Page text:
Strategies for effective tutorials
In this course we have already established there is no one ‘right’ way to teach. This also applies to tutorials, there isn’t just one way to facilitate a tutorial.
A tutorial or “tute” is a class configuration in which a small group of students interact to discuss the content of a previous lecture under the guidance of a tutor. Laboratory, fieldwork and workshop may also be used for small group learning.
One of the main benefits of the tutorial is that it requires active participation from students. The tutorial learning context provides opportunities for students to engage more thoughtfully with the course concepts and discipline knowledge. Conversely the smaller group numbers in a tutorial can be potentially threatening to students who are not comfortable speaking to a group.
In step 2.4 we introduced you to a model of learning that you can use to help you plan your classes whether you are teaching in a lecture, a tutorial or a laboratory. Some of the strategies listed below can support you in setting up tutorials that encourage participation.
Think about your outcomes for the tutorial. Before you go into a tutorial be clear on what it is you want the students to do and what it is they need, that is, the aims and outcomes for the tutorial.
Get to know each other
Spend some time at the beginning of the first tutorial telling the students about yourself and asking them to find out about each other. ‘Ice-breakers’ can be used in the first tutorials (refer to ‘Want to know more?’).
Make your expectations clear
Talk to the students about your expectations of them in terms of contributing to the class and working together as a large group and also in small groups. Ask the students what they are expecting to get out of the tutorial. Together you could come up with a list of ground rules for the group.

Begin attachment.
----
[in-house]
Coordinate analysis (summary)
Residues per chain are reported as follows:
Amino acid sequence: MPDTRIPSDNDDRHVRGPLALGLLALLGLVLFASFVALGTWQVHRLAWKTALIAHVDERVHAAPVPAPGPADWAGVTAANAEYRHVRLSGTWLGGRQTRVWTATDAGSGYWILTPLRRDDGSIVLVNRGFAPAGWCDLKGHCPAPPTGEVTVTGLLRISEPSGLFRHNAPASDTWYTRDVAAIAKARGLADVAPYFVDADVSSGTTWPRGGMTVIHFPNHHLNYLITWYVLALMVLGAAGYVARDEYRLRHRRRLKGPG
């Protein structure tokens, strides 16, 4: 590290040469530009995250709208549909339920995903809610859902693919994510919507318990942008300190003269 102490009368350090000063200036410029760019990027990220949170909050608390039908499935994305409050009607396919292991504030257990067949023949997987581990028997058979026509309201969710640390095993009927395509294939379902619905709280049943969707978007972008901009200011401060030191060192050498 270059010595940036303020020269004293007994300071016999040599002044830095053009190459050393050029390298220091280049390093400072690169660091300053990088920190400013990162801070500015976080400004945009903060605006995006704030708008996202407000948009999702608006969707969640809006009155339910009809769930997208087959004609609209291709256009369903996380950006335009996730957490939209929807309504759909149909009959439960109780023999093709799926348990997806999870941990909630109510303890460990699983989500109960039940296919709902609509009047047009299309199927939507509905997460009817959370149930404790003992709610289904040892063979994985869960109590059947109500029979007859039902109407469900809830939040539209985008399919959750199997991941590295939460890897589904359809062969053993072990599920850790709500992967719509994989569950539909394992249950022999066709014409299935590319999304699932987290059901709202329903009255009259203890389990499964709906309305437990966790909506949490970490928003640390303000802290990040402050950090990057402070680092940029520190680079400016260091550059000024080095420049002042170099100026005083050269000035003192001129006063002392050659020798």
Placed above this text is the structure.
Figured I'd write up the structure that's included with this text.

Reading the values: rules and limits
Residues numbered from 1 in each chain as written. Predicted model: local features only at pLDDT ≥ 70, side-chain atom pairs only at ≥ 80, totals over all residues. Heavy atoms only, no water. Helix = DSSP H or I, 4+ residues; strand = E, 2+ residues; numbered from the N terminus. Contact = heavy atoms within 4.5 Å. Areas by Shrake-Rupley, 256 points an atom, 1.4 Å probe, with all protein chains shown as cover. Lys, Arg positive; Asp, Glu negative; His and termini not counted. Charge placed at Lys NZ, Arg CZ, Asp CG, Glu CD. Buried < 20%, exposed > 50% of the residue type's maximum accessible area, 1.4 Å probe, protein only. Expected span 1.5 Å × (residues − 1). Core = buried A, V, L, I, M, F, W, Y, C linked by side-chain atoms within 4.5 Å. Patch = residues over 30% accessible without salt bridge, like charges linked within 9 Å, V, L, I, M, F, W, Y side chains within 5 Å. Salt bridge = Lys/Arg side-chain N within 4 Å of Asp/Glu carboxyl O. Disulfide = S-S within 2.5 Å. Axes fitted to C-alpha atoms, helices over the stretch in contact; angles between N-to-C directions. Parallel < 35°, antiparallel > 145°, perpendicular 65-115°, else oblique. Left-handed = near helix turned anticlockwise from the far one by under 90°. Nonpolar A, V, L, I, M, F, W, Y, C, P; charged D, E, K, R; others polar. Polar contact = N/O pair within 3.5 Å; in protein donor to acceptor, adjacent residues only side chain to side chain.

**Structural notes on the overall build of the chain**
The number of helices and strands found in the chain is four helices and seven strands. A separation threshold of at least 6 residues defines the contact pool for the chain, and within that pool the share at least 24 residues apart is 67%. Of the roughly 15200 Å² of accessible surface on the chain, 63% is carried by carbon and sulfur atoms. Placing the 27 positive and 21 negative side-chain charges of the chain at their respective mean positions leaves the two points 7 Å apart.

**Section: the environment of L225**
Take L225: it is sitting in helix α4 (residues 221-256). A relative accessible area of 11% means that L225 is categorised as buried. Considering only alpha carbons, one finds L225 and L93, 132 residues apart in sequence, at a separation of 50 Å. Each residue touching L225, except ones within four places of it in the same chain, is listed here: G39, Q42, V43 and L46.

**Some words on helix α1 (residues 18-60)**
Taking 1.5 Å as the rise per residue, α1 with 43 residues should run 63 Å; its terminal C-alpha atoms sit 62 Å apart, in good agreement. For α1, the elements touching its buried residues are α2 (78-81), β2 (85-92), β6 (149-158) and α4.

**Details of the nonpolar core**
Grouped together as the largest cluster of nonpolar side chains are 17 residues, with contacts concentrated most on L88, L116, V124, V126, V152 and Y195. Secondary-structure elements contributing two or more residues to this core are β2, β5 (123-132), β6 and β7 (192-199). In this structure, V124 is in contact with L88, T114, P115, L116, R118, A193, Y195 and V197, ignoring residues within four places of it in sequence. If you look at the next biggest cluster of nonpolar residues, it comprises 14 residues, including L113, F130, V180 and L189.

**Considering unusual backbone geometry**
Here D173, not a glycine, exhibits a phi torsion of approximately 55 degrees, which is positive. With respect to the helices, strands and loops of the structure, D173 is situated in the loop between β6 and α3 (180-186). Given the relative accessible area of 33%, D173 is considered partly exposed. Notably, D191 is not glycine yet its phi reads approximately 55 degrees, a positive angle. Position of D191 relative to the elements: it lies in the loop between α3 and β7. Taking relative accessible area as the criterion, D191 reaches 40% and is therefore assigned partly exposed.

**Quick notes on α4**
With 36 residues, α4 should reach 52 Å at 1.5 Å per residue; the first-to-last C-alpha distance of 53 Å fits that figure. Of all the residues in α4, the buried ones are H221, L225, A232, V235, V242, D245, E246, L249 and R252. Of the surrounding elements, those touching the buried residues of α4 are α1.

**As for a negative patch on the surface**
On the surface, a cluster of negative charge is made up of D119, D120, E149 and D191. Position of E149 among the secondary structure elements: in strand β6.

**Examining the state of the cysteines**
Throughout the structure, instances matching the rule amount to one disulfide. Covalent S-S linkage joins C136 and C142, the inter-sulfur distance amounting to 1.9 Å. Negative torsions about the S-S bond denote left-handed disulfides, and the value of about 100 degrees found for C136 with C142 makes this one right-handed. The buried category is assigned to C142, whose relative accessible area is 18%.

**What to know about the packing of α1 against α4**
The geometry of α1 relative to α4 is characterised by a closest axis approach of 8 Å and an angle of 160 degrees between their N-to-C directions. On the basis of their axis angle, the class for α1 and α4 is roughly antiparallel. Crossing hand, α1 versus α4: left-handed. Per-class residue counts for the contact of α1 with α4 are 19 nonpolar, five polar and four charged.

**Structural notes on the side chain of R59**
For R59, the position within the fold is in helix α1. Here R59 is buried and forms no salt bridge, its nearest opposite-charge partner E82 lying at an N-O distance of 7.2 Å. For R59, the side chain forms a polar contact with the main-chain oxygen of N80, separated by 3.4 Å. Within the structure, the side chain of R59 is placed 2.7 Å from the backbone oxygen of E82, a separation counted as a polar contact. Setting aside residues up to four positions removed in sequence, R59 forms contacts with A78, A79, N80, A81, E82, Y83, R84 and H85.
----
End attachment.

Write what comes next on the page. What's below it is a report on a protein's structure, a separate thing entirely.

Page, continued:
Organise the physical environment
Think about the types of activities you want the students to be doing and organise the physical space to meet the needs of the group and maximise opportunities for learning.
Create an inclusive learning environment
In your tutorial groups students will come with a range of diverse backgrounds and experiences which can enrich the learning for all members of the group. As a tutor it is your responsibility to create an environment for learning that supports the diversity, and is inclusive of all students.
Ask students for feedback
Give your students the opportunity to provide feedback on their experiences of the tutorials at some point during the semester so you can act on their suggestions. This can be as simple as anonymous feedback on post-it notes or short questionnaires in your institution’s learning management system.
Watch this video where Tim, a tutor discusses his perspective on the role of the tutor. Think about whether you agree or disagree with Tim’s ideas.
Post one strategy that Tim has mentioned that you agree would be effective for creating a good tutorial.
Habeshaw, S., Gibbs, G. and Habeshaw, T., 1998. 53 Interesting ways to assess your students. UK: Technical Education Services, 1998.
Toohey, S. (1999). Designing courses for higher education. Philadelphia: The Society for Research into Higher Education and The Open University Press.
Want to know more?
If you would like to more about this topic on approaches to teaching there are additional resources listed in the Want to know more.pdf for this step.
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